According to new research out of the Campbell Neurocognitive Aging Lab at Brock University, imagining helping others can promote helping others in real life, especially in relatable situations.
The findings of PhD graduand A. Dawn Ryan (MA ’19), now an Assistant Professor at Acadia University, Ronald Smitko (BA ’22) and Associate Professor Karen Campbell in the Department of Psychology were published in Scientific Reports earlier this summer.
In “Effect of situation similarity on younger and older adults’ episodic simulation of helping behaviours,” the researchers show how previous experience plays a role in how both younger and older adults imagine helping others in the future.
“We use bits and pieces of our memories for the past to imagine new scenarios,” says Campbell, Canada Research Chair in the Cognitive Neuroscience of Aging. “The same brain regions are activated when we remember the past and imagine the future — in fact, it has been proposed that we evolved to have such good memories for the past to allow us to learn from our experiences and plan for the future.”
To complete the study, the researchers took the novel approach of consulting with younger adults and older adults to develop problem scenarios that resonated with their experiences. This allowed the scenarios used in the study to be targeted to the populations taking part in the experiment.
Once the scenarios were developed, participants were divided into groups of younger and older adults and provided with a written description of a problem targeted to their age group, such as “this person needs help filing their taxes” or “this person needs help with their online dating profile.”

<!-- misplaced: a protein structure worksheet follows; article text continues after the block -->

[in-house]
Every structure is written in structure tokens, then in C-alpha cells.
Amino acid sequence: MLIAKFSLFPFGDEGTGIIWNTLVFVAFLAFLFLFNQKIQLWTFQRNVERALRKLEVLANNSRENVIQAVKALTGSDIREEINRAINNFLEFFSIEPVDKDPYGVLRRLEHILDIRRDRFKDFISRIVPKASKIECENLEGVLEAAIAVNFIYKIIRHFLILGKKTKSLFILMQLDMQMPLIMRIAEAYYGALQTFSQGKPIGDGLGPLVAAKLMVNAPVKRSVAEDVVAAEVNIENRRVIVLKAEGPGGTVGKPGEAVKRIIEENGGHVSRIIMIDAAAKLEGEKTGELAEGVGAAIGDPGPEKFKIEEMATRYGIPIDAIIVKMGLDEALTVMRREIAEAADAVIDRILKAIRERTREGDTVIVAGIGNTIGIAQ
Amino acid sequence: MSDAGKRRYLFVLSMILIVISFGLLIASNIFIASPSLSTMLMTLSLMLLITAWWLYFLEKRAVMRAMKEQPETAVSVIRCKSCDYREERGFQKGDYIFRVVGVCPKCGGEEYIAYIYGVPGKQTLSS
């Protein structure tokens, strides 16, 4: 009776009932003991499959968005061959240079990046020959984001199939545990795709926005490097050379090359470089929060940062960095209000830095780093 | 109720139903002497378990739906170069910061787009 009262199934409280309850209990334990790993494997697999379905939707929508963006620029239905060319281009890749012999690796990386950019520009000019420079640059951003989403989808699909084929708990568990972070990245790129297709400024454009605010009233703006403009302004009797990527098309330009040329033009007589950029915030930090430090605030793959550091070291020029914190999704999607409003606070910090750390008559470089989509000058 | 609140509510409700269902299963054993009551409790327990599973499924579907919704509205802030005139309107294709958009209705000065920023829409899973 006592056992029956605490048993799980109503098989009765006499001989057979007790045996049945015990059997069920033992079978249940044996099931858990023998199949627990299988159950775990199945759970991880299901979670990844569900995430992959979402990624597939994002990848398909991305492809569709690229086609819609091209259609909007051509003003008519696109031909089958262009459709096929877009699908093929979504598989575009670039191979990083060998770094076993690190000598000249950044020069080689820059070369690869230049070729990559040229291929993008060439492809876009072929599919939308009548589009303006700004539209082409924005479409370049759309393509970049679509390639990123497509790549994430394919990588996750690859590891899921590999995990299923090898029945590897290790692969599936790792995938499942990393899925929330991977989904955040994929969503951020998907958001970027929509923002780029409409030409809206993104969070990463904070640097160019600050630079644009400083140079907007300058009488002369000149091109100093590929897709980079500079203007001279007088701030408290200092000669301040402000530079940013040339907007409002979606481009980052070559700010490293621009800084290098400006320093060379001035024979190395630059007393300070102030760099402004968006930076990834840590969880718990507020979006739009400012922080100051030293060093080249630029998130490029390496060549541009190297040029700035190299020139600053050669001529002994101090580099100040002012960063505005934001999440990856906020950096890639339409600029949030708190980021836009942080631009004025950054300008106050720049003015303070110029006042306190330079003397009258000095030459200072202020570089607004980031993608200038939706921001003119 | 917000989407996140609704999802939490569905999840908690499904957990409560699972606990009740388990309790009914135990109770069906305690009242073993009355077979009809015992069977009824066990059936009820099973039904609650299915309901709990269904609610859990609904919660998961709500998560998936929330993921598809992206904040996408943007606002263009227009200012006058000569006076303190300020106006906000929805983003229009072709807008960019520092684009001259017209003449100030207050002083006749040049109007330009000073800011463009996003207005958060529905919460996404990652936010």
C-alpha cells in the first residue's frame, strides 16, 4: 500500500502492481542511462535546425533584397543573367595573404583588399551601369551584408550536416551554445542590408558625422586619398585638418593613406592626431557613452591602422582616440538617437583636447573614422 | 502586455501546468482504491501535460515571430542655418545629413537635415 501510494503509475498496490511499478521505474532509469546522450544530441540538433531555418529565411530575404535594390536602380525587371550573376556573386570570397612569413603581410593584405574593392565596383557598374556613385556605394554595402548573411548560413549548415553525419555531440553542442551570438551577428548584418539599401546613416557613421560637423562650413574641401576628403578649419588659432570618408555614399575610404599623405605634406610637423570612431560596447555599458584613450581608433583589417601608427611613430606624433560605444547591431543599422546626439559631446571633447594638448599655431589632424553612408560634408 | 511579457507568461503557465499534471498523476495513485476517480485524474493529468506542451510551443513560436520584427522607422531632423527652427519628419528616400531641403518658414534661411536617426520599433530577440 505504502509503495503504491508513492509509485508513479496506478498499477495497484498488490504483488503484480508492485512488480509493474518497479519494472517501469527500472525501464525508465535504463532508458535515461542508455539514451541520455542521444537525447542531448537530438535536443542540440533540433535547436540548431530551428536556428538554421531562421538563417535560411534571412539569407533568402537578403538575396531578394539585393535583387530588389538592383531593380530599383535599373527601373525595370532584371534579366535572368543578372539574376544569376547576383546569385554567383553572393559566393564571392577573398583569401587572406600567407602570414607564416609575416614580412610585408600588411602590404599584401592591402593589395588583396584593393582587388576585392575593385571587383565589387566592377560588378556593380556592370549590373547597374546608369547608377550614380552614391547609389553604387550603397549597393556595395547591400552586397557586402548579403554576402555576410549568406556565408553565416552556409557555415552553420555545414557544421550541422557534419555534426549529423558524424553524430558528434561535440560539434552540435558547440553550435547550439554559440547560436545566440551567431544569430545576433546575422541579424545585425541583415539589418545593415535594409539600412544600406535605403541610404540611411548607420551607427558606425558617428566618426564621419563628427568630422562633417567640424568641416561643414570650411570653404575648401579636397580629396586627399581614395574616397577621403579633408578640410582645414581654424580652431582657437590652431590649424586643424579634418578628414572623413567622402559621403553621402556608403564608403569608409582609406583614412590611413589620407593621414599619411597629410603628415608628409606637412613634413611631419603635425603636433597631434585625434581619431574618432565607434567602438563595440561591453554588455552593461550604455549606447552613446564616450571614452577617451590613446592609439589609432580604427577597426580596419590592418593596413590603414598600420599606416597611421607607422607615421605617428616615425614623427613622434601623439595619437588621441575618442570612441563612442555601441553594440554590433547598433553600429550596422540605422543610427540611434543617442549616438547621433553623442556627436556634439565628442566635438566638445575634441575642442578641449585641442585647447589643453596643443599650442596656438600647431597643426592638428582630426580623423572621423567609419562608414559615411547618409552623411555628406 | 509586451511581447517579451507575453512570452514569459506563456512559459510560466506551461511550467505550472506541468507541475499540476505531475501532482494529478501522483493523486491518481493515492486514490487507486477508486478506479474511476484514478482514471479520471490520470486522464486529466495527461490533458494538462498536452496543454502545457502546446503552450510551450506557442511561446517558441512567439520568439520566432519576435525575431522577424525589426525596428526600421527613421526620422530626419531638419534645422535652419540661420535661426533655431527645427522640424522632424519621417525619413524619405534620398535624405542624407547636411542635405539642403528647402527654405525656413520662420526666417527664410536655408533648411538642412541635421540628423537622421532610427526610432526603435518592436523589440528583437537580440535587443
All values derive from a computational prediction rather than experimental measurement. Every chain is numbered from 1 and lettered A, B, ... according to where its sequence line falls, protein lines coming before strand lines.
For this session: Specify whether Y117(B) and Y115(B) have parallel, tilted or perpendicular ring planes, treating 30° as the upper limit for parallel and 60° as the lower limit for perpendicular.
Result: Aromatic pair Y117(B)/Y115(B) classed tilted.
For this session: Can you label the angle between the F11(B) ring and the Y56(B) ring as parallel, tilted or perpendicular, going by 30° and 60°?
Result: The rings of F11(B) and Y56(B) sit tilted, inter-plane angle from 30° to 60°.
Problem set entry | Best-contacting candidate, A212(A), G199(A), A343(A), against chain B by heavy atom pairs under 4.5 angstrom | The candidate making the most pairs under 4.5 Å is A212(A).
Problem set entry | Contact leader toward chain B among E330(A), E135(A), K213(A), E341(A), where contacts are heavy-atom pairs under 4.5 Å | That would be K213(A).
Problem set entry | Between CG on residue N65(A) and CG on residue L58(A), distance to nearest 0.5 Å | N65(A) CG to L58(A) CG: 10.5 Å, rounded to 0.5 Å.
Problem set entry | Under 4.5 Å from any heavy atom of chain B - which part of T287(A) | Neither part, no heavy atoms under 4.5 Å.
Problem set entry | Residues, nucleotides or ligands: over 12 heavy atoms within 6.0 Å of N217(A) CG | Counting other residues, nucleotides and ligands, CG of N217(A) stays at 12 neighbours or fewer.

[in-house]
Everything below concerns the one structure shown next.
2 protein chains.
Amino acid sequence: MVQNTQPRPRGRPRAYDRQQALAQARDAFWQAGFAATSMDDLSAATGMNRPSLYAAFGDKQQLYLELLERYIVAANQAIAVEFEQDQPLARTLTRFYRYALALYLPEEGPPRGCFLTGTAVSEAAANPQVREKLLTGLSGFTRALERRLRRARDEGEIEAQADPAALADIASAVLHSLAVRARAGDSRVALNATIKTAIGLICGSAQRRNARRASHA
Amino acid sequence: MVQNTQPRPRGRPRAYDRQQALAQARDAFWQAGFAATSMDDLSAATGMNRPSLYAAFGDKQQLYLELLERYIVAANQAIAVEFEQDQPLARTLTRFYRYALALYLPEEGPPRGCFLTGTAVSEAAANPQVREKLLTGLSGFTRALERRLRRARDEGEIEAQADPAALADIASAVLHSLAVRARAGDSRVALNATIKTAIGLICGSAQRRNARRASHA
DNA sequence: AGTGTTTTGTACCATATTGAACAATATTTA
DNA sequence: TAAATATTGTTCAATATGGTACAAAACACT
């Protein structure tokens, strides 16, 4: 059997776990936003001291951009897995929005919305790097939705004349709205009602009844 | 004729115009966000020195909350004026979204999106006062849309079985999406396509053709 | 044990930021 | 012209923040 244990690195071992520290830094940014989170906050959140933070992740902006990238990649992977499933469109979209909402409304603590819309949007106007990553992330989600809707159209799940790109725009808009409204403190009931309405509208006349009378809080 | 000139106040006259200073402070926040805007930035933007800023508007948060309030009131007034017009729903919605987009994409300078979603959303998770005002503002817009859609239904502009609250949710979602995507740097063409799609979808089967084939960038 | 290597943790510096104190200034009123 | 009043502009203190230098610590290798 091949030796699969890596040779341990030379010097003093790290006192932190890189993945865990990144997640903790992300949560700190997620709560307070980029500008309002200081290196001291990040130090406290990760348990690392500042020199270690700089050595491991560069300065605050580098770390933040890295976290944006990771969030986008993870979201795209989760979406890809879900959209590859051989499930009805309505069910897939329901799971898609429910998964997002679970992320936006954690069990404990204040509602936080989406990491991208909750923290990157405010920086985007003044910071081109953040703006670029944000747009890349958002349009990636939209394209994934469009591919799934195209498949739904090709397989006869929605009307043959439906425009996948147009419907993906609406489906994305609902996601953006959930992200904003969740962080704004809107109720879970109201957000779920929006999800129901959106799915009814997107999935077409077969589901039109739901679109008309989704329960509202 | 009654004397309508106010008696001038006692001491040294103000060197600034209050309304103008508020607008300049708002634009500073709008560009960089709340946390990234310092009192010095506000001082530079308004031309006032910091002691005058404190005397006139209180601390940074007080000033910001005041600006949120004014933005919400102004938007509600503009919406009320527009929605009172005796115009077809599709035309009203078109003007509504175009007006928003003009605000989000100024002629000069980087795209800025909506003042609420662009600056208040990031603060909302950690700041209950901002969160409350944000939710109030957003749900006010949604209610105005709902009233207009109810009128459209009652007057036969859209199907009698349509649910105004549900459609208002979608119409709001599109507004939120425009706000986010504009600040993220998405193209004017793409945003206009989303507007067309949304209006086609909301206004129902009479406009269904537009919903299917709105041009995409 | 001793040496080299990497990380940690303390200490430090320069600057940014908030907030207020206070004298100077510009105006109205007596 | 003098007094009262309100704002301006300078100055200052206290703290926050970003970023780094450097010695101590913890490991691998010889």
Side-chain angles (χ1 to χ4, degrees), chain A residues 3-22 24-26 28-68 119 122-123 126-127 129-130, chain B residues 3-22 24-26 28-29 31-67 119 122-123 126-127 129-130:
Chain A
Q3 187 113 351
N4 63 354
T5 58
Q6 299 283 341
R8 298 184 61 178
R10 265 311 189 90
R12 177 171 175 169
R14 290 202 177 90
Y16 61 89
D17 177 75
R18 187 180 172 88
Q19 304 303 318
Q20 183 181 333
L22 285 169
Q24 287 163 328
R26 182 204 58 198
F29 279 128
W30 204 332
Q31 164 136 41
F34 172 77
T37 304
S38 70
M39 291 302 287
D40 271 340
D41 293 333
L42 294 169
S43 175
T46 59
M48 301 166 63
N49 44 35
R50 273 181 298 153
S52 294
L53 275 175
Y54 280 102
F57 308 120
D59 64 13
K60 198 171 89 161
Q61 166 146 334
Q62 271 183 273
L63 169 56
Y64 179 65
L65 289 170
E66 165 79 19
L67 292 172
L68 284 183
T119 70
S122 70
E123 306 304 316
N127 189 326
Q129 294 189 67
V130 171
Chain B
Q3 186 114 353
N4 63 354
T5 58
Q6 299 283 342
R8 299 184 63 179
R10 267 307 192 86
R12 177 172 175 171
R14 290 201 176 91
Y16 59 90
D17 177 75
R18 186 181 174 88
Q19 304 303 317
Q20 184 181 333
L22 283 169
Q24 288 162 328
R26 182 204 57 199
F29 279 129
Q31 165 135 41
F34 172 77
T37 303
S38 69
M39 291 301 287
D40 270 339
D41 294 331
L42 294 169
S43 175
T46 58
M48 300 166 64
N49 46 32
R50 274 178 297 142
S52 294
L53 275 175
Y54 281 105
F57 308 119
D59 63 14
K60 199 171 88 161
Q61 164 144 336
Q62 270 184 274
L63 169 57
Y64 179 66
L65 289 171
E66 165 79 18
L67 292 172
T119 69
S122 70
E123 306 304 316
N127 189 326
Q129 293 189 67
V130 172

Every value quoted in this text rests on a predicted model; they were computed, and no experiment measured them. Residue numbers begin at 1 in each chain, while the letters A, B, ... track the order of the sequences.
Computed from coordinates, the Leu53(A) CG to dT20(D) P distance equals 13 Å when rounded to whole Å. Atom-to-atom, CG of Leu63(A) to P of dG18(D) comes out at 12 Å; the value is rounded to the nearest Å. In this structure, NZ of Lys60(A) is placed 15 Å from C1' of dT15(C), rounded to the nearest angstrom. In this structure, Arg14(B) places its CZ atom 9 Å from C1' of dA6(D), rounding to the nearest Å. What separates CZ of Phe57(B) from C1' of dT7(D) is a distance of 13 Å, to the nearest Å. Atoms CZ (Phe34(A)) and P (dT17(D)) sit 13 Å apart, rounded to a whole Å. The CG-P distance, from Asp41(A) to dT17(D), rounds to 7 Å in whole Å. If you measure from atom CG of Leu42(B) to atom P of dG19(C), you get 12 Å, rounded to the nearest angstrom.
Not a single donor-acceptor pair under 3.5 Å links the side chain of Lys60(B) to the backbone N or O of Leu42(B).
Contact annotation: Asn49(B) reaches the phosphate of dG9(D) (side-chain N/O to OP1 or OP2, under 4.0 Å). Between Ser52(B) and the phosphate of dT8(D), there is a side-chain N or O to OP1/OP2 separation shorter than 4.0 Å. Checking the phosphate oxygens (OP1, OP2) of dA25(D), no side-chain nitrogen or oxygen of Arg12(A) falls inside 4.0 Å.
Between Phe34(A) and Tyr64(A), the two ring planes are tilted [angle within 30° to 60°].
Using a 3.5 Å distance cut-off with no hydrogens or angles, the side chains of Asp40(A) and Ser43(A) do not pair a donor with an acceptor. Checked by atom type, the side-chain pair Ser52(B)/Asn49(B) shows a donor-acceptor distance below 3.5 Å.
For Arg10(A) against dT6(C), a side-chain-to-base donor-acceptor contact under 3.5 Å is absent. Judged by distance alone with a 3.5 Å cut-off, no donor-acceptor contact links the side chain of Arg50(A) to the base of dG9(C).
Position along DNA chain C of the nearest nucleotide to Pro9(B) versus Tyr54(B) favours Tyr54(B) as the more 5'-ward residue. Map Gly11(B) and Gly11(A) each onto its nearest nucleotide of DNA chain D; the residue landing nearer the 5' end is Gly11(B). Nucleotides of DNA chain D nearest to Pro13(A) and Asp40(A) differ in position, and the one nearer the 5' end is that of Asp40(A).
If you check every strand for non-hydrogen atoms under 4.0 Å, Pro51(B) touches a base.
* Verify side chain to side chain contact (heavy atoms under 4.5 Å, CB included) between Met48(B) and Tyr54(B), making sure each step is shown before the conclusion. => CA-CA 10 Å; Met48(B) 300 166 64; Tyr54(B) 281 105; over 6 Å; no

Participants were asked either to imagine the problem scenario or, in the control group, to assess the writing style. Then all participants answered questions about their willingness to help in the scenario provided, the vividness of the scene and their level of emotional concern.
What the team found was that simulating an episode that connected with previous experience increased participants’ willingness to help among both older and younger adults.
For older adults in particular, this finding shows the significance of situation similarity in episodic simulation, building on the team’s previous work around willingness to help in the COVID-19 pandemic, in which participants had very little experience to draw from when imagining helping others.
“In the COVID-19 study, the situations were novel to both older and younger adults, and people tended to produce fewer details from their own memories in imagining these scenarios and more informational or knowledge-based details,” says Campbell. “This suggested that if you have less personal experience with something, you may rely more on your knowledge, which is what older adults usually do in these tasks. So we wanted to see if we used problem scenarios that are more or less familiar to older adults, can we push this effect around?”
Campbell says that the new study’s findings could show promise for encouraging helping behaviours.
“Thinking about helping someone increases your desire to help that person, and when we’ve been in a similar situation ourselves before, it makes us even more willing to help,” she says. “This is important, as getting people to imagine helping others could increase prosocial behaviour in our society.”